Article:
Use only pesticides approved for use by the general public and then only in recommended amounts; increasing the amount offers no further protection from pests and can be harmful to you and your plants and pets. Ventilate the area well after using pesticides. Use non-chemical methods of pest control when possible. Termite damage can be reduced or prevented by ensuring that wood construction materials do not come into direct contact with the ground and by storing firewood away from the home.

By properly fertilizing, watering and aerating lawns, the need for chemical pesticide treatments for lawns can be drastically reduced. If you decide to use a pest control company, choose one carefully. If you have unused or partially used pesticide containers that you want to dispose of, dispose of them according to label instructions or on special household hazardous waste collection days. If there are no such collection days in your community, work with others to organize them.

Keep exposure to moth repellents to a minimum. A pesticide often found in the home is paradichlorobenzene, an active ingredient commonly used in moth repellents. This chemical is known to cause cancer in animals, but there is substantial scientific uncertainty about the effects, if any, of long-term human exposure to paradichlorobenzene. EPA requires that products containing paradichlorobenzene carry warnings, such as avoiding breathing vapors, to warn users of possible short-term toxic effects.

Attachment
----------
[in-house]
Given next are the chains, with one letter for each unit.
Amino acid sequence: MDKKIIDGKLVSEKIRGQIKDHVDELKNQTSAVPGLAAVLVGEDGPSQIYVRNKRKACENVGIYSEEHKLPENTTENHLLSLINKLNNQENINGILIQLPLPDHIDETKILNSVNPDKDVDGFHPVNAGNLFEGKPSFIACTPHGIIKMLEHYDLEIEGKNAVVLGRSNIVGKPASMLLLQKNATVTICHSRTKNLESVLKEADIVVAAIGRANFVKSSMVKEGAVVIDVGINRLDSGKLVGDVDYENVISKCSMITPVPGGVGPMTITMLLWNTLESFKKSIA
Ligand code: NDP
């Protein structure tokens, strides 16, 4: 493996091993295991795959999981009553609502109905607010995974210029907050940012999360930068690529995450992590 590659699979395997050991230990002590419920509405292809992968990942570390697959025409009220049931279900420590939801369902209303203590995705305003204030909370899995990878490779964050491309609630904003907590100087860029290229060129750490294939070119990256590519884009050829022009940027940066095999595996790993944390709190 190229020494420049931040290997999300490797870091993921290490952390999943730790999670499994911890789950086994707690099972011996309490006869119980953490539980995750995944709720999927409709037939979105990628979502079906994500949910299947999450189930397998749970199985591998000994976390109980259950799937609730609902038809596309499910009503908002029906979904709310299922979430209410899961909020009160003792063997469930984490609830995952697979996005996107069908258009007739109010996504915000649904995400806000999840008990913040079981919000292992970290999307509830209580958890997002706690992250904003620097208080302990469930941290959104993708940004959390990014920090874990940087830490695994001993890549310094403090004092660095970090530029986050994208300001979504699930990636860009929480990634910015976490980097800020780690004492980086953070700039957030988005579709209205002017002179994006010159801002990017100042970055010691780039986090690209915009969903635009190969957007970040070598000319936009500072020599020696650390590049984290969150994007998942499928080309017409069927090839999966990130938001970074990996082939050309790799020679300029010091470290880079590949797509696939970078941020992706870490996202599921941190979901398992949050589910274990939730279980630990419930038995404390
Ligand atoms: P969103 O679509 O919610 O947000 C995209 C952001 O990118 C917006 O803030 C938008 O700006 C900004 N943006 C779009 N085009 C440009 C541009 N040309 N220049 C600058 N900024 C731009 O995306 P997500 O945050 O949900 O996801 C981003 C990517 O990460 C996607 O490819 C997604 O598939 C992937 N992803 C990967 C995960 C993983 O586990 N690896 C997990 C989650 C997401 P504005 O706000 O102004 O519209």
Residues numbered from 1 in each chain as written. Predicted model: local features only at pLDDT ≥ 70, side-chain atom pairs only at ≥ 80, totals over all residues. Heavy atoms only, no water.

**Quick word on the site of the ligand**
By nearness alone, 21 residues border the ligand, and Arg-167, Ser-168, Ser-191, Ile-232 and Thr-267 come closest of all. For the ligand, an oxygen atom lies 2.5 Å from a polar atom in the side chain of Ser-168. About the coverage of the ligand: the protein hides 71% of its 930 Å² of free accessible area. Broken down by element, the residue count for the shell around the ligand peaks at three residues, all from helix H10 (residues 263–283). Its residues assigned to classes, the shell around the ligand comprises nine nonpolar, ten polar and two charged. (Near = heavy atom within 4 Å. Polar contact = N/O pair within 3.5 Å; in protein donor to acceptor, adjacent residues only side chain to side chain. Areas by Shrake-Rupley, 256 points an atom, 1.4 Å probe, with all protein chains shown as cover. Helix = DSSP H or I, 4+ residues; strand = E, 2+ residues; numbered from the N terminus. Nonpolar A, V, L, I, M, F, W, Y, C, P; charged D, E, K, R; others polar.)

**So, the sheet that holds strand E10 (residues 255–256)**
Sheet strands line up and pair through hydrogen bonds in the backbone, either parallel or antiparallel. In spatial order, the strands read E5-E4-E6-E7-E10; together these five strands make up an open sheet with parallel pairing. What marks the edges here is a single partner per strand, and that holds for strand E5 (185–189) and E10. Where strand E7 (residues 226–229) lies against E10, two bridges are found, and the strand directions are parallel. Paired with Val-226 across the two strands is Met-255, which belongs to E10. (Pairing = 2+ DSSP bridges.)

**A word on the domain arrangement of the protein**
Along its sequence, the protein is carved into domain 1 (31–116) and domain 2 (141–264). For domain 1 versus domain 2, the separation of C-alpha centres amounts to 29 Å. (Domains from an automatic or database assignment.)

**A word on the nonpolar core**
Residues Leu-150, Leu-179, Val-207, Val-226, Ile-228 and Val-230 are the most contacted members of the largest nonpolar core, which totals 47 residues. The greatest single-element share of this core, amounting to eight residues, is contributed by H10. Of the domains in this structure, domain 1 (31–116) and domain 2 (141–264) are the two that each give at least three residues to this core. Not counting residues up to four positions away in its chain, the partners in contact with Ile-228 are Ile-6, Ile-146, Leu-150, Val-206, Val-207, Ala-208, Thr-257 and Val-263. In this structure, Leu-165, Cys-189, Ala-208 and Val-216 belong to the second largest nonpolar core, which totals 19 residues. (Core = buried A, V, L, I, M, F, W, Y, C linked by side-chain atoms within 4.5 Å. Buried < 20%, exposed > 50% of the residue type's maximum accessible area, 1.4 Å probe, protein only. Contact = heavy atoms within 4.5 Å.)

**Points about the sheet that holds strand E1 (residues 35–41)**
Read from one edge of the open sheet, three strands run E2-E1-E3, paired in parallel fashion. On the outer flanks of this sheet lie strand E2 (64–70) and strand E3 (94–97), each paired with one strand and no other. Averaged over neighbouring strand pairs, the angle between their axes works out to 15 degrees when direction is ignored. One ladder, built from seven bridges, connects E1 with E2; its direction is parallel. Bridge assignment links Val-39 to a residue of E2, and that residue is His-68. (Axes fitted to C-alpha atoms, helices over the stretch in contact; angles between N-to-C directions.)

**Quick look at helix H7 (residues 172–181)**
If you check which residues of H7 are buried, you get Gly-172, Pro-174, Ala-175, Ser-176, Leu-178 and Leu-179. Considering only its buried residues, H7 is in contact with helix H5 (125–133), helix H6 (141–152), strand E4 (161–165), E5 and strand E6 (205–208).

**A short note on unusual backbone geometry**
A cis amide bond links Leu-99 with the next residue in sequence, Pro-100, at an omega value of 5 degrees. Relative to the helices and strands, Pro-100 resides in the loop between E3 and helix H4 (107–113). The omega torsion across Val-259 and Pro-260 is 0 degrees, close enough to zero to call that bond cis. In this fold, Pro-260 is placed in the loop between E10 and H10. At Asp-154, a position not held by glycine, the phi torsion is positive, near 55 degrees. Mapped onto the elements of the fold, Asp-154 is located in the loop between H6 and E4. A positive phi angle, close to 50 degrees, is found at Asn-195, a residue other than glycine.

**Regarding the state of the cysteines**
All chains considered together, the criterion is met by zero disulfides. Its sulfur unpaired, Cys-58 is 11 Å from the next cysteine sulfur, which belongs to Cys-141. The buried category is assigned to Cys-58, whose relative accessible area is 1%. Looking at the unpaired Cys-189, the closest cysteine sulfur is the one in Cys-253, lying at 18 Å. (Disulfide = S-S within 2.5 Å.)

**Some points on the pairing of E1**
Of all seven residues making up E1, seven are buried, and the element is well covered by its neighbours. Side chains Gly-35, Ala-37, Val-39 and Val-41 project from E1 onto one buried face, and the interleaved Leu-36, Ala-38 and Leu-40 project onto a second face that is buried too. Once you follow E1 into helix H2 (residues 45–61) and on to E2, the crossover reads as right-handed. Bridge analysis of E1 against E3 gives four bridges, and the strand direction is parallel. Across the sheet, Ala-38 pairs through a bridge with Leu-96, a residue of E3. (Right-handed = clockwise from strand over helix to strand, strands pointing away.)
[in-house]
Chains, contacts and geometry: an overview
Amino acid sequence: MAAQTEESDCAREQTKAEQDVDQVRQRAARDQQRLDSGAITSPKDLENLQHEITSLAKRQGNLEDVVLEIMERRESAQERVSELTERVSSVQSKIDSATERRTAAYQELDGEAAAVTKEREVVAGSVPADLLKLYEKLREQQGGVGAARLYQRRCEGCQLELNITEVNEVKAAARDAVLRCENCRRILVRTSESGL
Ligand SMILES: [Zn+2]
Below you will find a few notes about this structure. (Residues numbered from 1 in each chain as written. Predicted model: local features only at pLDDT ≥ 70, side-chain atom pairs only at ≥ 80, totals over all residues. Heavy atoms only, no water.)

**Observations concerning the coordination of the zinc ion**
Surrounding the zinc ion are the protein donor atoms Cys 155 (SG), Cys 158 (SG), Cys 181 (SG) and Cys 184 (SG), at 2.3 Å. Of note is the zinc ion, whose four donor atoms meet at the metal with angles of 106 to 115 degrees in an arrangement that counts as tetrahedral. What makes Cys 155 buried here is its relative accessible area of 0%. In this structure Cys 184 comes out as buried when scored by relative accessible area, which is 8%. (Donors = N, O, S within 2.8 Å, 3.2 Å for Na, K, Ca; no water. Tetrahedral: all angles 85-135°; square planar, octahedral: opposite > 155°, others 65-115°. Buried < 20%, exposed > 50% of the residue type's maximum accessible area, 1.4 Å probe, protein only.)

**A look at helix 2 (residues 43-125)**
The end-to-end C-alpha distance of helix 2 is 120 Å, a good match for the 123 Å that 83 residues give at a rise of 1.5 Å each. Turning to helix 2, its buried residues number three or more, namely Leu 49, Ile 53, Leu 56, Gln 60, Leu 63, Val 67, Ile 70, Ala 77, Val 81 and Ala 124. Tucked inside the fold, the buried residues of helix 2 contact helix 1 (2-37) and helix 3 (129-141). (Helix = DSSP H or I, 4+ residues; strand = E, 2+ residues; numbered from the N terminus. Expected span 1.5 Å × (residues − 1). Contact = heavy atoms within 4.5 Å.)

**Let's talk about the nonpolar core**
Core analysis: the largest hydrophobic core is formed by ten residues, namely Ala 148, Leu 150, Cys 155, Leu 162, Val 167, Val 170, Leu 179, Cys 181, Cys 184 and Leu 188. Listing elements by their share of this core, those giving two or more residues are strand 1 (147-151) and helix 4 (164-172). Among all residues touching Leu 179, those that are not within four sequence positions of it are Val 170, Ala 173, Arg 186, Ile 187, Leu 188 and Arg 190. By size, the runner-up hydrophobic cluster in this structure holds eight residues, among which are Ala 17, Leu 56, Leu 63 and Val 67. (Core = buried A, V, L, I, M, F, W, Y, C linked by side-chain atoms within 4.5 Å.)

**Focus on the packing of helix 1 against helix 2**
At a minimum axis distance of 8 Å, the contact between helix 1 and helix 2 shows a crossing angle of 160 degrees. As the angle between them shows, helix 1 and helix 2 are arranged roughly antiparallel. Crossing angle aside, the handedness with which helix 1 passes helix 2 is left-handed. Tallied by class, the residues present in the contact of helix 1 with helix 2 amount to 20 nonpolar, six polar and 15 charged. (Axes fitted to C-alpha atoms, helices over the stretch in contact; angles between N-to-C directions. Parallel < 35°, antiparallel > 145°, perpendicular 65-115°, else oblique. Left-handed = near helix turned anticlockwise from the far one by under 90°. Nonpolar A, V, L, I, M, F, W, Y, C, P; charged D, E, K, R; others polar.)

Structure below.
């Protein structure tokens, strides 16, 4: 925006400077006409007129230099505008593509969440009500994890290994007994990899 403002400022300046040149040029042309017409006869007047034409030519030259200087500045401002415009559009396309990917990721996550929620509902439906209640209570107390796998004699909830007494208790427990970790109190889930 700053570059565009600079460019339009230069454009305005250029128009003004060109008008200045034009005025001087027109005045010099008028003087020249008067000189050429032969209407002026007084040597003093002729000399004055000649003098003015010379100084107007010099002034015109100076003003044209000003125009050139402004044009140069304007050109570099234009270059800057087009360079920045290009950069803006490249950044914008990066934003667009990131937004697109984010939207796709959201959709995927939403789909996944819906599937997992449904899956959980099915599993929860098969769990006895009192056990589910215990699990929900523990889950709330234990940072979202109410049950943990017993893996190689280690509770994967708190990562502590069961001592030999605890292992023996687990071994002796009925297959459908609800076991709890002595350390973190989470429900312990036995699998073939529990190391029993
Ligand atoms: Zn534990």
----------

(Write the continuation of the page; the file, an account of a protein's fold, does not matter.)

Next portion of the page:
Whenever possible, paradichlorobenzene and items that need to be protected against moths should be placed in trunks or other containers that can be stored in areas that are ventilated separately from the home, such as attics and separate garages. Paradichlorobenzene is also the key active ingredient in many air fresheners (in fact, some moth repellent labels recommend that these same products be used as air fresheners or deodorants). Proper ventilation and basic household cleaning will go a long way in preventing unpleasant odors. If chemicals must be used, use only recommended amounts, mix or dilute pesticides outdoors or in an isolated, well-ventilated area, apply to unoccupied areas, and dispose of unwanted pesticides safely to minimize exposure.